The pipeline's revised route

Tuesday, December 4, 2012
Chris Woodward (

A public hearing over the revised route of the Keystone XL pipeline is planned for today in Nebraska.

The hearing comes ahead of a final decision by Governor Dave Heineman as to whether the revised route avoids an "ecologically sensitive" area of Nebraska. Heineman has spoken out in favor of the pipeline in the past.

Loris, Nick (Heritage)Nick Loris, an economist focusing on energy, environmental and regulatory issues with The Heritage Foundation, believes the governor will give his approval for the project.

"I would guess yes, although I never want to speculate what's going to happen," Loris comments. "But at the same time, after the Keystone XL pipeline permit was originally rejected, Nebraska officials were publicly for the pipeline, so long as it met their needs. The fact that they're rerouting the pipeline should suffice for meeting their needs. They've always wanted to build the pipeline; they just wanted to make sure their citizens' concerns were taken care of."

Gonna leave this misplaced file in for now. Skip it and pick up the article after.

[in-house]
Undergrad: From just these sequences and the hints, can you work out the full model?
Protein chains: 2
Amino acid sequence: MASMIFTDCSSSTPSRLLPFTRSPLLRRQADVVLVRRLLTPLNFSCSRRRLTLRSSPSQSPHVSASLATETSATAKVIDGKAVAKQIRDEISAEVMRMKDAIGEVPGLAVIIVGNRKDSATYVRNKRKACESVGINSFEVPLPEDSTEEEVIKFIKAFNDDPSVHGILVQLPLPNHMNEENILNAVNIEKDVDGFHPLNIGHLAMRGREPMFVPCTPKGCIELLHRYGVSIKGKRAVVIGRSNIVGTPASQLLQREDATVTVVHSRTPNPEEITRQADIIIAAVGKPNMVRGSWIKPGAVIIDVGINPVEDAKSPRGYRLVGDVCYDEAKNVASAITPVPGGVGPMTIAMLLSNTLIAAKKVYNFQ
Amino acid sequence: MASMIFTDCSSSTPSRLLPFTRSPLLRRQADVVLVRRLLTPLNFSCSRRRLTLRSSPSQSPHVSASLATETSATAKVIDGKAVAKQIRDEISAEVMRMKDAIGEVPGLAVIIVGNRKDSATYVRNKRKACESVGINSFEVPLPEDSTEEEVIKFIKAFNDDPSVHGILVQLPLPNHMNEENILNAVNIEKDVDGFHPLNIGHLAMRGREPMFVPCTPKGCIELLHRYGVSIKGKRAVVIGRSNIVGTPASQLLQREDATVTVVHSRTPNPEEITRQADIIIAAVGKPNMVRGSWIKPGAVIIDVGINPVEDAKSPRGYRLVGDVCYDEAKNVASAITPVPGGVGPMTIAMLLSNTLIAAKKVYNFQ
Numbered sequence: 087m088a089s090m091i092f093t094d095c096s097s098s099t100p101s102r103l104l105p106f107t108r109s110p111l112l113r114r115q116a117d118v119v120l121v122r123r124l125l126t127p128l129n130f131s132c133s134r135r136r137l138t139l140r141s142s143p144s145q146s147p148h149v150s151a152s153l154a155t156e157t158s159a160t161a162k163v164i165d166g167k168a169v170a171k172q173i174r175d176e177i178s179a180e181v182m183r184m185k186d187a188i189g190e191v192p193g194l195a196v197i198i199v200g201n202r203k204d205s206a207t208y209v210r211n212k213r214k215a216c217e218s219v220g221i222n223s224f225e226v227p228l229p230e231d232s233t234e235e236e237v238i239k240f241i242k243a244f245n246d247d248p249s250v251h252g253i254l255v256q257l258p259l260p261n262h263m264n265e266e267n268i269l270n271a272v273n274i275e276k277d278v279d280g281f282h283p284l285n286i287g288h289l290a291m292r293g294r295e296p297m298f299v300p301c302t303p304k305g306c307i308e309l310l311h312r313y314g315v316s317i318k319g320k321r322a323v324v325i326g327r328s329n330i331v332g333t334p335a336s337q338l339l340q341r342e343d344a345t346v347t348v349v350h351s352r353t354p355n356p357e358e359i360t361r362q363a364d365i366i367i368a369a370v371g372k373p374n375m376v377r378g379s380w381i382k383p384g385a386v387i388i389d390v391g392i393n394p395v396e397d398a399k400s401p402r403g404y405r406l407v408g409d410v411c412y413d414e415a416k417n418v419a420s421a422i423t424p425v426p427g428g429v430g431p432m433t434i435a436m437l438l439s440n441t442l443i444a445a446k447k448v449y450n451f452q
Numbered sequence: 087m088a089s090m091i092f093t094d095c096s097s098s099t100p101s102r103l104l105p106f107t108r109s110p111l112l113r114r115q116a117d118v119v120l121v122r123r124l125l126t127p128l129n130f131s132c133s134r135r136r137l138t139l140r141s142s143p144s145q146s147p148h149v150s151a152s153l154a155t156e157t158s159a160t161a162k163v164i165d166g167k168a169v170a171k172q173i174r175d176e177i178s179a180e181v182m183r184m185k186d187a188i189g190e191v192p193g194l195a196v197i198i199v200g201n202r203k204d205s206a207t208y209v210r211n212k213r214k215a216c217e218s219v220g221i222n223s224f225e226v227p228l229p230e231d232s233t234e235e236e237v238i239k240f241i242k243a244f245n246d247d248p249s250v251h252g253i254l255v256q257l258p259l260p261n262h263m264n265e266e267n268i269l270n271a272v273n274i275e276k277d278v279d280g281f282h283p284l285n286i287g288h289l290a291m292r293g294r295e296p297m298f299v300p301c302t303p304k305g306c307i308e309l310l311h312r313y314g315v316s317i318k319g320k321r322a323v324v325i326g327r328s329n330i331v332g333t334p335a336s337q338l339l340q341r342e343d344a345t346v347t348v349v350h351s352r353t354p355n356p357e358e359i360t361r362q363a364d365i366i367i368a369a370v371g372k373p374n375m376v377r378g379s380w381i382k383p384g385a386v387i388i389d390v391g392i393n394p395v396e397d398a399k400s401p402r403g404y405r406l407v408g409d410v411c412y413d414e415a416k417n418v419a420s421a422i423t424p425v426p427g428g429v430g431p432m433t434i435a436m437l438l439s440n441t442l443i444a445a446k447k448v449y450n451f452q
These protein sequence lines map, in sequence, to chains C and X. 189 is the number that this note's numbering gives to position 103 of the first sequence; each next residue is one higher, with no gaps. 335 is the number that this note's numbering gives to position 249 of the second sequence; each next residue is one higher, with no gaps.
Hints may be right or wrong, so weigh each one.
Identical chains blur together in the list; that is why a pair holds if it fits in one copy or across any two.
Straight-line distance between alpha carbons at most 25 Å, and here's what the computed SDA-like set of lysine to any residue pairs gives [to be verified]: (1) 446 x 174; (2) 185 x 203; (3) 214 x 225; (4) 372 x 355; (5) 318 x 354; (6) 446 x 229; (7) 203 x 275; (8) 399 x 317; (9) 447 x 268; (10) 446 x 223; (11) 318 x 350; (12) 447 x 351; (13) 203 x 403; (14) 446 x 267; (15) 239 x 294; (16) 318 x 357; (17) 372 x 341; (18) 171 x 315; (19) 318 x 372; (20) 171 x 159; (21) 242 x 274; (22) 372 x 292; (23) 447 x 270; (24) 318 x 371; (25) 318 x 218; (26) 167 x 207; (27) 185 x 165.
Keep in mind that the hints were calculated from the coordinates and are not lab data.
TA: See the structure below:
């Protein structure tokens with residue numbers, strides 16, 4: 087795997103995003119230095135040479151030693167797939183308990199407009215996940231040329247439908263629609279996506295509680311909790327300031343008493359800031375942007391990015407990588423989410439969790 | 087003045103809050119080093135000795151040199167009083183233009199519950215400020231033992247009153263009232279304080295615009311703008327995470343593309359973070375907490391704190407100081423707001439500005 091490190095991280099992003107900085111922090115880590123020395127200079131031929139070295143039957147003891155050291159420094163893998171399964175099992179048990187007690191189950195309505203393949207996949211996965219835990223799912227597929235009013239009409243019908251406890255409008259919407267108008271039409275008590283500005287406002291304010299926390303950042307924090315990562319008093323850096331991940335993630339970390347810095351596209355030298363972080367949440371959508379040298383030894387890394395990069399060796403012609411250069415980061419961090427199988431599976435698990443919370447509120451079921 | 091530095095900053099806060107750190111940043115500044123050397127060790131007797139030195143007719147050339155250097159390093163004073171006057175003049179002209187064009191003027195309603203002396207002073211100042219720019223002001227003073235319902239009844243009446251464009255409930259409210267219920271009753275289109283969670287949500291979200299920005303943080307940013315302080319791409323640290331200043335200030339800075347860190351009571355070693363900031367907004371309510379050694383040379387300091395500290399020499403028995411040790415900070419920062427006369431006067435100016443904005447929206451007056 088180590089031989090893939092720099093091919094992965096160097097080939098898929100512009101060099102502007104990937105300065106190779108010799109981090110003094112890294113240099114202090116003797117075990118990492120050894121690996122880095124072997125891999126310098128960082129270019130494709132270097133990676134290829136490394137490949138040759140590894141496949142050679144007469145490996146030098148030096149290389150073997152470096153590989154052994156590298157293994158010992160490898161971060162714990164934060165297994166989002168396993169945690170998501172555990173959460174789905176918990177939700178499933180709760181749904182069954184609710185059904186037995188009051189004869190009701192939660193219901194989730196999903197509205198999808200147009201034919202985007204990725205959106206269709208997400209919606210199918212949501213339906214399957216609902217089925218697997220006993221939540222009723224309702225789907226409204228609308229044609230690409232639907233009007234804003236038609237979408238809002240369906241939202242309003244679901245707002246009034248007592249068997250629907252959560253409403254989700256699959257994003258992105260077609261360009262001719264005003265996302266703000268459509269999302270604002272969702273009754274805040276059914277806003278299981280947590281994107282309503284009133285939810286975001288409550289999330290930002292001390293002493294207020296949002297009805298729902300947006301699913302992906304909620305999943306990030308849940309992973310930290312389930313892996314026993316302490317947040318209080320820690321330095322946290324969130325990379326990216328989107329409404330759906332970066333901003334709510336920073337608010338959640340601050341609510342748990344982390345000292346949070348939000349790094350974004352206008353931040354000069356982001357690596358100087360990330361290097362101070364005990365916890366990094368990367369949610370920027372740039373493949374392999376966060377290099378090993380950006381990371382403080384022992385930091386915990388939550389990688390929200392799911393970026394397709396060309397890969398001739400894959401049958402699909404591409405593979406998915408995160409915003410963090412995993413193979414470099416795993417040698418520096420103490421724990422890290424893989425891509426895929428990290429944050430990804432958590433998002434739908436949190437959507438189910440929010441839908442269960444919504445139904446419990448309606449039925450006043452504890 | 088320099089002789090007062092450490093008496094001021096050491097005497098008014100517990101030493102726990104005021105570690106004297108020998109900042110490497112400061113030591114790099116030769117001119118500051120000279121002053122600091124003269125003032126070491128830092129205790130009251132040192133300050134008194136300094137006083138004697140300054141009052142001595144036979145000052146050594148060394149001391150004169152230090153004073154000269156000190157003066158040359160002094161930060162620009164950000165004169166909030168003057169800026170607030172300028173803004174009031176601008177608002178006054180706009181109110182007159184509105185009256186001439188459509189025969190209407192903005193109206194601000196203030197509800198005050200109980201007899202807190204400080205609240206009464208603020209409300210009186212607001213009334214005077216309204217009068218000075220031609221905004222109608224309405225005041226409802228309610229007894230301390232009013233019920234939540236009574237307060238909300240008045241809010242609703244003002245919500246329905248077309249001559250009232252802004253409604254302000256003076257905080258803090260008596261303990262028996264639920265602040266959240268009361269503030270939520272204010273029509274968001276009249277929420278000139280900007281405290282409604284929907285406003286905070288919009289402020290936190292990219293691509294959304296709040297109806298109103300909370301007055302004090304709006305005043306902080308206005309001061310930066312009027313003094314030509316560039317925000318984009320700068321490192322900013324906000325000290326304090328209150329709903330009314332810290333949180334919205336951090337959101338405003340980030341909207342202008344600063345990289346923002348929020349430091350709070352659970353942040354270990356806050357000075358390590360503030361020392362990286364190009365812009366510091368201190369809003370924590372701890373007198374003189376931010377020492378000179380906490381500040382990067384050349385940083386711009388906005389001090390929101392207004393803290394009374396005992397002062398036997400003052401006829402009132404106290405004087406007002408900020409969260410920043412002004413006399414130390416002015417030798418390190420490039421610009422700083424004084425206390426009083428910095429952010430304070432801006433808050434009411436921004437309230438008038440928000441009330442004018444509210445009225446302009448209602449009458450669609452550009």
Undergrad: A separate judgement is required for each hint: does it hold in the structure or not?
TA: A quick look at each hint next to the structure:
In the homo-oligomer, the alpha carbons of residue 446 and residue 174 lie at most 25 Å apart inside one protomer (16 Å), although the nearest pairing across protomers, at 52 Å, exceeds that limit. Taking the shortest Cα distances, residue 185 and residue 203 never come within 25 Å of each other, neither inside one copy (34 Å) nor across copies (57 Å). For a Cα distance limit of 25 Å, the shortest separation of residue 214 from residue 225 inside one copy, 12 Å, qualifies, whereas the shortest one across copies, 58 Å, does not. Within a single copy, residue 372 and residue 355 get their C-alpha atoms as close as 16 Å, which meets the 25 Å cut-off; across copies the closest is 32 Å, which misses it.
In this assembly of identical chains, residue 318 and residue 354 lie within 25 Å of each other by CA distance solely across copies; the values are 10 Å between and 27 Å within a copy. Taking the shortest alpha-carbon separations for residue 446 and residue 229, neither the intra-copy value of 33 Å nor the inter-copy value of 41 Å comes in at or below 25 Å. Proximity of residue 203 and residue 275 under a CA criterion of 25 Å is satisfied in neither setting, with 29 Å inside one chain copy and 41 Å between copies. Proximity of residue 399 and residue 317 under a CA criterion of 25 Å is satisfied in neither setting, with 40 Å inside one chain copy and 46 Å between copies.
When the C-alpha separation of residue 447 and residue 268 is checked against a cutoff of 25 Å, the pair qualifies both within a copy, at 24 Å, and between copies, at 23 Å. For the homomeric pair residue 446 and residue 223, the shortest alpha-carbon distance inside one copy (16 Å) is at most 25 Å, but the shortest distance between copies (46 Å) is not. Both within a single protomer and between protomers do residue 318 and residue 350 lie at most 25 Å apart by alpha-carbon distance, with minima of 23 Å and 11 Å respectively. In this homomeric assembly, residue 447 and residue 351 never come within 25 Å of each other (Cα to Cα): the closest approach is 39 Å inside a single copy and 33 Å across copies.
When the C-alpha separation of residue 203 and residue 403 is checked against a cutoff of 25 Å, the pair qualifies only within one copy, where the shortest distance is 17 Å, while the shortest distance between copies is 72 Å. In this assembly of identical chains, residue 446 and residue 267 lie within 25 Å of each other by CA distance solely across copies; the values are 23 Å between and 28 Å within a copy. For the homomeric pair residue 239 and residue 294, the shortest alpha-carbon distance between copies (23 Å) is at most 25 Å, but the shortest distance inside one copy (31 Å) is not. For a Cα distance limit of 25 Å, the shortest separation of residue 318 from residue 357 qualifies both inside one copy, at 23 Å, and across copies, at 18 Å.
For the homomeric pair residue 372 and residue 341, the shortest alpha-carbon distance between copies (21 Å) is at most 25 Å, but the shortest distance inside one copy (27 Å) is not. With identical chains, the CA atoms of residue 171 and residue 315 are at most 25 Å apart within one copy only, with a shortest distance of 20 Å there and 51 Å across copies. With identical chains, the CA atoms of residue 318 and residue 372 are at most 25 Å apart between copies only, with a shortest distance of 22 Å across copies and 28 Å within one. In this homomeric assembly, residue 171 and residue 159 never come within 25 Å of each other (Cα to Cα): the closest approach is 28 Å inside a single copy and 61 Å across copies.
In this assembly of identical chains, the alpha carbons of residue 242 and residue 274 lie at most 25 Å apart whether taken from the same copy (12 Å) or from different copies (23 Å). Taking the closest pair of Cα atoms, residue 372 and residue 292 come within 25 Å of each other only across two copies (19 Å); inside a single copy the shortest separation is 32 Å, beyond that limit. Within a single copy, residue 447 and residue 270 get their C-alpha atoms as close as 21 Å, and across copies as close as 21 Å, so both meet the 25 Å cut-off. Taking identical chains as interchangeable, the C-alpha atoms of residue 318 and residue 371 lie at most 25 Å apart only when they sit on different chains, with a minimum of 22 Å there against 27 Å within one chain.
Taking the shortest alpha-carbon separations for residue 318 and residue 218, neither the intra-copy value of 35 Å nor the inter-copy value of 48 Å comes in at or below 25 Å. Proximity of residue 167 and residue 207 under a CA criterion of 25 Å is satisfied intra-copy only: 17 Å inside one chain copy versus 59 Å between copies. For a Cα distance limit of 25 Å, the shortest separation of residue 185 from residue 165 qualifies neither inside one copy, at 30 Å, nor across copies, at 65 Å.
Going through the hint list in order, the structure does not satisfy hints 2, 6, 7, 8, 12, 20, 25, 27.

Following his reelection, rumors began swirling that President Obama would approve the pipeline. At that time, Loris believed the rumors were true. But, the fact that the president has catered to his constituencies before, and that he does not have to face another election means he can really do whatever he wants to make whomever he wants happy.

A recent editorial in The Globe and Mail, a Canadian newspaper, admits that some of the concerns about a pipeline carrying Canadian bitumen are "valid," but it calls on President Obama to approve the pipeline nonetheless.

The Keystone XL pipeline was proposed in 2008, but President Obama rejected a GOP proposal to fast-track approval in January 2012, citing "the arbitrary nature of a deadline that prevented the State Department from gathering the information necessary to approve the project and protect the American people."

However, a State Department environmental impact report in August 2011 stated that the pipeline would pose "no significant impacts" to most resources if environmental protection measures are followed, while also acknowledging the pipeline would present "significant adverse effects to certain cultural resources." The State Department postponed a final decision in November 2011.

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